Tax Credits for Working Single Mothers
Last updated: March 18, 2013 by Dawn
For millions of American families — especially those headed by single women — tax season is full of stress and number crunching.
There are, however, some useful tax breaks that can significantly lower the amount of taxes to pay.
And, in some cases, give cash refunds to families in jobs that pay too little to live on.
In fact, at tax time, being a parent comes with certain perks.
As for tax year 2012, eligible families with dependent children could receive
- Up to $5,891 from the federal Earned Income Tax Credit.
- Up to $1,000 per child from the federal Child Tax Credit.
- Up to $2,100 from the federal Child and Dependent Care Tax Credit
One of the most common tax deductions for single mothers is the dependent exemption — $3,800 for each child until your child turns 19, or 24 if he’s a full time student.
What’s especially nice is that you can take one exemption for yourself to cover your basic living expenses, that’s $3,900 off your taxable income.
So if you are a mother with two qualifying children, you can deduct $11,400 in exemptions ($3,800 x 3 = $11,400).
Filing Taxes as a “Head of the Household”
As a single mother and the sole breadwinner in the family, the first thing you must do is to select “Head of the Household” as your filing status.
Filing as “Head of Household” has two benefits for single mothers. First, you’ll pay less taxes overall; and second, you’ll also be able to claim a significantly larger tax exemption.
For example, in 2012, taxpayers who use the head of household filing status may receive an $8,700 annual standard deduction. While, a single filer is only entitled to a $5,950 standard deduction.
Earned Income Tax Credit
EITC, the Earned Income Tax Credit is a tax benefit designed primarily to help low- to moderate-income individuals and families whose earned income falls below a certain limit.
It isn’t a welfare handout per se. Only people who work and pay taxes can claim it; creating an incentive for them, including many who are poor, to leave welfare for work.1
The EITC is “refundable,” which means that when EITC exceeds the amount of taxes owed, it results in a tax refund, whose amount varies by income, family size and filing status.2
For example, if your tax liability is only $736 and the credit you are allowed is $5,236, you may receive a refund check for $4,500.
Single parents with three or more children under age 19 who made less than $45,060 are eligible for a refundable credit of up to $5,891. Couples earning less than $19,190 qualify for a credit of up to $475. Married couples, however, must file taxes jointly.3
As noted from the graph above, your EITC grows with each additional dollar of earnings until it reaches the maximum value.
Forms 1040EZ, 1040A, or 1040 can be used to claim EIC without qualifying children. To claim the credit with qualifying children, 1040A or 1040 must be used as well as attaching Schedule EIC.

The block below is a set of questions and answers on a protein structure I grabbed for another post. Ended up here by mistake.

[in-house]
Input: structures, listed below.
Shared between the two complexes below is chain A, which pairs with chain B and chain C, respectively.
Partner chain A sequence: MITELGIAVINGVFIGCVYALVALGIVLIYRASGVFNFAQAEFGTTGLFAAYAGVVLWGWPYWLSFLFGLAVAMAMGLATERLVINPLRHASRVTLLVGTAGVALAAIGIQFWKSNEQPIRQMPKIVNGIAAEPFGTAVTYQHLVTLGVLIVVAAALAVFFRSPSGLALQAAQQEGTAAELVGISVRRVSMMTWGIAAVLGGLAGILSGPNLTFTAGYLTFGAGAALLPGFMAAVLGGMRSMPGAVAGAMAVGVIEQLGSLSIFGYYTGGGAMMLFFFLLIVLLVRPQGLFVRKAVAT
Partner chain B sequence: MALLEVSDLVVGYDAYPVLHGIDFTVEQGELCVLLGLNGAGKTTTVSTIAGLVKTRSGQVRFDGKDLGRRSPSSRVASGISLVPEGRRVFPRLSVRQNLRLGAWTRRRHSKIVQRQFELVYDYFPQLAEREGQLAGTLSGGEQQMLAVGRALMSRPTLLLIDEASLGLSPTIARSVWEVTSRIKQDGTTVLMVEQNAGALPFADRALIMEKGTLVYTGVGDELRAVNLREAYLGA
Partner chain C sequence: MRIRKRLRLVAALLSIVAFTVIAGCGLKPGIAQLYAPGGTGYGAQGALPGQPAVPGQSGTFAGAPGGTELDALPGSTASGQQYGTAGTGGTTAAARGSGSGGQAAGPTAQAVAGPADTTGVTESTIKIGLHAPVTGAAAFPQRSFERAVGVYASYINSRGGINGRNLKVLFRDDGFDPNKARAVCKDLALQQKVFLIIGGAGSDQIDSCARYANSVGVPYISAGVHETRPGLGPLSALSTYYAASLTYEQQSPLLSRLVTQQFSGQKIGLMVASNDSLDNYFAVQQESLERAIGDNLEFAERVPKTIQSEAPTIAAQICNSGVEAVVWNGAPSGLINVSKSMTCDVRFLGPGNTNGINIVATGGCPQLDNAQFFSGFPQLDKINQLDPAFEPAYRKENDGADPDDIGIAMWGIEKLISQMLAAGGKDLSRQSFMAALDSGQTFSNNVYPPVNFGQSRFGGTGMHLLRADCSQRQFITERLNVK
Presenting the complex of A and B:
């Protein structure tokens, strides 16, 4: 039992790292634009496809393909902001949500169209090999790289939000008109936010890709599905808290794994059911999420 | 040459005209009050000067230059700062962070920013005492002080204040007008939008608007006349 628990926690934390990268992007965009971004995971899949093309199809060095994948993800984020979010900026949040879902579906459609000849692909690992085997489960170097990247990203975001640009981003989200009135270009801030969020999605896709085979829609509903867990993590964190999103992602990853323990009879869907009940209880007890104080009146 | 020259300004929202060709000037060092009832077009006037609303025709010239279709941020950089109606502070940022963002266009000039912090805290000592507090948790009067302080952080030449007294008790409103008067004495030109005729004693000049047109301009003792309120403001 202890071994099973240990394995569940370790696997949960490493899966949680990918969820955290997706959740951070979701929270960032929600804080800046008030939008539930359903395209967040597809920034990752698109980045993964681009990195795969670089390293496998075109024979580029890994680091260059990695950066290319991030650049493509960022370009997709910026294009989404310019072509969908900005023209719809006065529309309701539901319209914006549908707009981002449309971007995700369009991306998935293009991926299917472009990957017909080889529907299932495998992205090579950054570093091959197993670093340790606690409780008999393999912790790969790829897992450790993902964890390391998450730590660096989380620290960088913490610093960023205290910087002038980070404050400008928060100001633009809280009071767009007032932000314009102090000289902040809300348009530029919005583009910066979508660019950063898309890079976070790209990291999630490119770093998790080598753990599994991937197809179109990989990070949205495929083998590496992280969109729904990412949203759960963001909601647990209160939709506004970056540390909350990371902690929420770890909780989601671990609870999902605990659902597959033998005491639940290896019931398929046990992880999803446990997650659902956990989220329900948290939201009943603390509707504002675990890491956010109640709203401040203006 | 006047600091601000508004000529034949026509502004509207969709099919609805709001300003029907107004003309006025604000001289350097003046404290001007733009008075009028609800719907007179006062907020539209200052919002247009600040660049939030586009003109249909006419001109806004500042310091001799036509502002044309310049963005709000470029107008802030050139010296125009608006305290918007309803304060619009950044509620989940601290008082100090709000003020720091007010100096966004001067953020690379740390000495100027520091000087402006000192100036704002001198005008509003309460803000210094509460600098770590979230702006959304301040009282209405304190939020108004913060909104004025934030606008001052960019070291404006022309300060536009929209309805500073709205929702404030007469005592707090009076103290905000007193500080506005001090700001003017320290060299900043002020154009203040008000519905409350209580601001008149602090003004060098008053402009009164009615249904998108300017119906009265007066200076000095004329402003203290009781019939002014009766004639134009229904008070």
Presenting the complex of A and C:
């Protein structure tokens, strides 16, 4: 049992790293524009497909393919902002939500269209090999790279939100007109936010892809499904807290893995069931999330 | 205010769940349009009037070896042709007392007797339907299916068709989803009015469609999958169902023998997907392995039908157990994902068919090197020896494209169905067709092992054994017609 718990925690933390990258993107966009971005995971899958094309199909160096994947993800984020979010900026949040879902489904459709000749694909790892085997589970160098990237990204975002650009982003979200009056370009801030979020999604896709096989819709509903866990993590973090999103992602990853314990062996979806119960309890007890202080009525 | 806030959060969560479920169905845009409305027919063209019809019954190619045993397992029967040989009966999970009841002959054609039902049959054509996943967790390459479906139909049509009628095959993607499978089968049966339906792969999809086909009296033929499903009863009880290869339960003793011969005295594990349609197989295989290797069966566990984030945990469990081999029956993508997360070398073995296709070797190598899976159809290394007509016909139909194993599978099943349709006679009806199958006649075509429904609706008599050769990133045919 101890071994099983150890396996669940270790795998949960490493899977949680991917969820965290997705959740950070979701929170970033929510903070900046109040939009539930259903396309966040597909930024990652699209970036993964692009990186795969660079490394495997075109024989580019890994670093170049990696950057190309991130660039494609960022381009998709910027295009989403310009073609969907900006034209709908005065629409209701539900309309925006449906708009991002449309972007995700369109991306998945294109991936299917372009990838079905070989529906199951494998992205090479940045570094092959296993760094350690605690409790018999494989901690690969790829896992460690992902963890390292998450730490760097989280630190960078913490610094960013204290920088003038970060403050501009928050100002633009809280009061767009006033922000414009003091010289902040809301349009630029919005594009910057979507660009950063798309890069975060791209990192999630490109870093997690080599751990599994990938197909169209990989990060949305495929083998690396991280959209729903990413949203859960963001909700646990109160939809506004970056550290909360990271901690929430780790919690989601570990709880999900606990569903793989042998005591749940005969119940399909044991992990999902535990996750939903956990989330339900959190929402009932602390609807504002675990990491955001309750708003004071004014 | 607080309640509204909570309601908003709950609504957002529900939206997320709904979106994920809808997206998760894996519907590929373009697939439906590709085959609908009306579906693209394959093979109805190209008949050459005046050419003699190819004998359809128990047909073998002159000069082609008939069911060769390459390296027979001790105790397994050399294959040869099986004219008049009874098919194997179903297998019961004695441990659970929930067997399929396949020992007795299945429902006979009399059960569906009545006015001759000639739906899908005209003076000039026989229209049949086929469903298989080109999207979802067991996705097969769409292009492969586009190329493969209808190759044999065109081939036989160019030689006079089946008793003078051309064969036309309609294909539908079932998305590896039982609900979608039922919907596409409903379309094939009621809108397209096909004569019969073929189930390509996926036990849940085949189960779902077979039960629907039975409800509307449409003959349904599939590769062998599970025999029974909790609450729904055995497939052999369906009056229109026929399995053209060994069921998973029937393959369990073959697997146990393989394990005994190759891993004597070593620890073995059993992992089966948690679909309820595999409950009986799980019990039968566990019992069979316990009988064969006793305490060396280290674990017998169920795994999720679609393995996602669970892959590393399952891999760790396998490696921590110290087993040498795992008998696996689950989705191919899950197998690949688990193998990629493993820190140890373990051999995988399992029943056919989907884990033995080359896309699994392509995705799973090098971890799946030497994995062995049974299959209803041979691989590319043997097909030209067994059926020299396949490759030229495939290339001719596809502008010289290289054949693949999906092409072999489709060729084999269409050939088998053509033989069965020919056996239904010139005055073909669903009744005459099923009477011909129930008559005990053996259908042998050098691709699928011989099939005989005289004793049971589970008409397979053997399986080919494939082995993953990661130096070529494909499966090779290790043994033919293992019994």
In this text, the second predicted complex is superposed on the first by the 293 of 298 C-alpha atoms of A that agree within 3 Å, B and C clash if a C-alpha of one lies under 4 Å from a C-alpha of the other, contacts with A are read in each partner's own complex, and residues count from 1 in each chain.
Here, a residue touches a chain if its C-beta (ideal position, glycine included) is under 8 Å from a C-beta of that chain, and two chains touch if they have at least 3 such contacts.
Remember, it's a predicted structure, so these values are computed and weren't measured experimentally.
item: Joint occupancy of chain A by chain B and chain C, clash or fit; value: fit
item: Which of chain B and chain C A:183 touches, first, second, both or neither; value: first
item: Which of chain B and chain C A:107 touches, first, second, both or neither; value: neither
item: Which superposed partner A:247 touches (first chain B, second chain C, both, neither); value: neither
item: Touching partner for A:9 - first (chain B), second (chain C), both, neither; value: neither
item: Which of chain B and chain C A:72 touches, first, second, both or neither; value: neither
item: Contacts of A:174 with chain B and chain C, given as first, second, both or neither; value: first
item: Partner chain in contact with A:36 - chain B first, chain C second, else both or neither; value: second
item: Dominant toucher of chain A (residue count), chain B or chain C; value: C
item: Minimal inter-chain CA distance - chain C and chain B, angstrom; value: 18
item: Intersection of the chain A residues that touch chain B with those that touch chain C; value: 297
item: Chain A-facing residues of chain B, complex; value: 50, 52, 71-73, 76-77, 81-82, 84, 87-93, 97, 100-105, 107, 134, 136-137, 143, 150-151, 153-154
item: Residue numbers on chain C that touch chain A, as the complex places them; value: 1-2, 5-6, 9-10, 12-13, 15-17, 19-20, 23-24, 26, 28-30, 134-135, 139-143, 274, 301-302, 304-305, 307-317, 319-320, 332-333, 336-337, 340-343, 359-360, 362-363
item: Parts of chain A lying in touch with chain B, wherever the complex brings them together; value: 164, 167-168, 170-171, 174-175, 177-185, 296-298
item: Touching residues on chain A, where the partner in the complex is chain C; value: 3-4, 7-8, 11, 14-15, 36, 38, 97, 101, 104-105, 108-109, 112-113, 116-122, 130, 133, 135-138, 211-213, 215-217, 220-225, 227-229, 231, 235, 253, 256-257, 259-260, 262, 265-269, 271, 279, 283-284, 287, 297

Child Tax Credit
If your child or children under the age of 17 (on the last day of the year), claimed as dependents and are US citizens, then you can qualify for Child Tax Credit.
This can reduce your taxes by up to $1,000 for each qualifying child. The child tax credit will be gradually reduced based on your income for the year until it reaches a threshold of $75,000 (by $50 for each $1,000 of income above that threshold amount).
Technically speaking, as your income increases, the exemption decreases proportionately. For some, utilizing the child tax credit can reduce their tax liability to zero.
Additional Child Tax Credit
The Additional Child Tax Credit is a refundable tax credit for people who have a qualifying child and did not receive the full amount of the Child Tax Credit.
Unlike the EITC, the Additional CTC is partially refundable. Families whose credit exceeds their tax liability can receive the remainder of the credit in the form of a refund not exceeding 15% of their earnings above $3,000.
For example, a single mother with two working full-time, year-round at the minimum wage of $7.25 an hour — and earning $14,500 per year — could receive 15% of $11,000, or $1,725, as a refund.
An additional refundable credit may be claimed on Form 8812, Additional Child Tax Credit 4 if your earned income was greater than $3,000.
Child and Dependent Care Credit
Paid a local daycare center to take care of your kid? Do you pay someone to care for your child so that you can work or look for work?
If you do, you may claim up to $3,000 of expenses paid in a year for one qualifying child under 13 or $6,000 max per family.
This works best when you file as a Head of the Household, and can cut your taxes by up to 35% of what you’ve paid for the service.
No matter what your tax status is, take a little time to make sure that you’re taking advantage of all the benefits available to you – especially if this is the first time you’ll be doing your taxes as a single mother.
If you can afford it, it might even be worth spending a little money to seek advice from a professional tax consultant to make sure you are not missing out on a refundable tax credit worth up to nearly $6,000.
- Center on Budget and Policy Priorities, Policy Basics: The Earned Income Tax Credit [↩]
- Use the EITC Assistant to find out if you qualify. [↩]
- IRS, Publication 596, Earned Income Credit (EIC) [↩]
- IRS, Schedule 8812 (Form 1040A or 1040), Child Tax Credit [↩]